£16640 - £18500 per annum: Recruitment Genius: An Assistant Stores Keeper is r...

    Recruitment Genius: Claims Administrator

    £16000 - £18500 per annum: Recruitment Genius: This is an excellent opportunit...

    Recruitment Genius: Software Developer - C# / ASP.NET / SQL

    £17000 - £30000 per annum: Recruitment Genius: Developer required to join a bu...

    Day In a Page

    'It was first time I had ever tasted chocolate. I kept a piece, and when Amsterdam was liberated, I gave it to the first Allied soldier I saw'

    Bread from heaven

    Dutch survivors thank RAF for World War II drop that saved millions
    Britain will be 'run for the wealthy and powerful' if Tories retain power - Labour

    How 'the Axe' helped Labour

    UK will be 'run for the wealthy and powerful' if Tories retain power
    Rare and exclusive video shows the horrific price paid by activists for challenging the rule of jihadist extremists in Syria

    The price to be paid for challenging the rule of extremists

    A revolution now 'consuming its own children'
    Welcome to the world of Megagames

    Welcome to the world of Megagames

    300 players take part in Watch the Skies! board game in London
    'Nymphomaniac' actress reveals what it was really like to star in one of the most explicit films ever

    Charlotte Gainsbourg on 'Nymphomaniac'

    Starring in one of the most explicit films ever
    Robert Fisk in Abu Dhabi: The Emirates' out-of-sight migrant workers helping to build the dream projects of its rulers

    Robert Fisk in Abu Dhabi

    The Emirates' out-of-sight migrant workers helping to build the dream projects of its rulers
    Vince Cable interview: Charging fees for employment tribunals was 'a very bad move'

    Vince Cable exclusive interview

    Charging fees for employment tribunals was 'a very bad move'
    Iwan Rheon interview: Game of Thrones star returns to his Welsh roots to record debut album

    Iwan Rheon is returning to his Welsh roots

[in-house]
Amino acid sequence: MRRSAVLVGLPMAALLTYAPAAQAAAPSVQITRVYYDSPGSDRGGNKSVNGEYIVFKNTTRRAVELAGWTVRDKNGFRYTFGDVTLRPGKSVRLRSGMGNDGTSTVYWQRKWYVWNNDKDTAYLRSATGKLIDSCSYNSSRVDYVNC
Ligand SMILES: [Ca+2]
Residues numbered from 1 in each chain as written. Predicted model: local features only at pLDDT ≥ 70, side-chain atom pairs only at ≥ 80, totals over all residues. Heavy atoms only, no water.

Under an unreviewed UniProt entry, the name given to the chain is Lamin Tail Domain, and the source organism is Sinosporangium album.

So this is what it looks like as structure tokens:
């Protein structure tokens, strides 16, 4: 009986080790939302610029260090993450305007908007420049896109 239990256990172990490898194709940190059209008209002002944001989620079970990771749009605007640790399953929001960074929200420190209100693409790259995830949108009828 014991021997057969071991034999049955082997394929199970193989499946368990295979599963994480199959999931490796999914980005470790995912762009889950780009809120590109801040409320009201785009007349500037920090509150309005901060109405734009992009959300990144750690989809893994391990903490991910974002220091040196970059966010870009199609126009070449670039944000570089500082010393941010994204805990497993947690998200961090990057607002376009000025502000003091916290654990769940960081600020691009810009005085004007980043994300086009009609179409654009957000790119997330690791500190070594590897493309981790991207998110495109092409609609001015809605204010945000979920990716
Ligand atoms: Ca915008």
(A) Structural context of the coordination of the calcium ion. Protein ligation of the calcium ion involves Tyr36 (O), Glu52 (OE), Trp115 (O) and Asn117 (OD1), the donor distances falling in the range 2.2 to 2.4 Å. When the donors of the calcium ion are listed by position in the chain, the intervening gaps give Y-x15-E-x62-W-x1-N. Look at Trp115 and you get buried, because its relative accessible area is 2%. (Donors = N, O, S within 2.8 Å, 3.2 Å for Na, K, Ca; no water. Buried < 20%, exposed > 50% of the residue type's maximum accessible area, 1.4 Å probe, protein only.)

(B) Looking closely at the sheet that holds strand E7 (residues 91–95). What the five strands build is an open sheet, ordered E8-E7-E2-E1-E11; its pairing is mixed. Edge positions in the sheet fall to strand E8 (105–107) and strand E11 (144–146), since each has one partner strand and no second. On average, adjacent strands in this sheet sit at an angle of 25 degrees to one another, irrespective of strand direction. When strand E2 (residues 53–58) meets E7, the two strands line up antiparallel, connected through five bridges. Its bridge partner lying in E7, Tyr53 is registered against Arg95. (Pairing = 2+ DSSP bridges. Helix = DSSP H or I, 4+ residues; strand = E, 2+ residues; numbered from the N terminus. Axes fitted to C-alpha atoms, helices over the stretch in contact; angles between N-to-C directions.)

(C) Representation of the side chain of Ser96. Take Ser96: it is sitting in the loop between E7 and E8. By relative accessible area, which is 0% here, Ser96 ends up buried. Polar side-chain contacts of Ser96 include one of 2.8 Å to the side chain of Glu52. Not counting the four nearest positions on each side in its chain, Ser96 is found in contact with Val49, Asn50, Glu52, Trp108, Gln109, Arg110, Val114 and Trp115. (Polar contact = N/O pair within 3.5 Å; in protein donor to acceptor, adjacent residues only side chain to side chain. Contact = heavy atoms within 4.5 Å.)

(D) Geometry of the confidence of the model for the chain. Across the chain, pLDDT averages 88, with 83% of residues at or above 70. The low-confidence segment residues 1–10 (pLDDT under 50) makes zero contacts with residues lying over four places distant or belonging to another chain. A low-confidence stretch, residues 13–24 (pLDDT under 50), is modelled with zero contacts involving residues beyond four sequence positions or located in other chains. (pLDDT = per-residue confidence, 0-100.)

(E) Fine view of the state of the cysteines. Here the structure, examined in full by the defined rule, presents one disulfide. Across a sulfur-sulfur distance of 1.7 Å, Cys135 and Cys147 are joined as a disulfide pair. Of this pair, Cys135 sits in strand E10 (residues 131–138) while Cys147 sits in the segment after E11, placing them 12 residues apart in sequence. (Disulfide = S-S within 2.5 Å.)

Rheon is best known for his role as the Bastard of Bolton. It's gruelling playing a sadistic torturer, he tells Craig McLean, but it hasn't stopped him recording an album of Welsh psychedelia
    Russell Brand's interview with Ed Miliband has got everyone talking about The Trews

    Everyone is talking about The Trews

    Russell Brand's 'true news' videos attract millions of viewers. But today's 'Milibrand' interview introduced his resolutely amateurish style to a whole new crowd
    Morne Hardenberg interview: Cameraman for BBC's upcoming show Shark on filming the ocean's most dangerous predator

    It's time for my close-up

    Meet the man who films great whites for a living
    Increasing numbers of homeless people in America keep their mobile phones on the streets

    Homeless people keep mobile phones

    A homeless person with a smartphone is a common sight in the US. And that's creating a network where the 'hobo' community can share information - and fight stigma - like never before
    'Queer saint' Peter Watson left his mark on British culture by bankrolling artworld giants

    'Queer saint' who bankrolled artworld giants

    British culture owes a huge debt to Peter Watson, says Michael Prodger
    Pushkin Prizes: Unusual exchange programme aims to bring countries together through culture

    Pushkin Prizes brings countries together

    Ten Scottish schoolchildren and their Russian peers attended a creative writing workshop in the Highlands this week
    14 best kids' hoodies

    14 best kids' hoodies

    Don't get caught out by that wind on the beach. Zip them up in a lightweight top to see them through summer to autumn
    Robert Fisk in Abu Dhabi: The acceptable face of the Emirates

    The acceptable face of the Emirates

    Has Abu Dhabi found a way to blend petrodollars with principles, asks Robert Fisk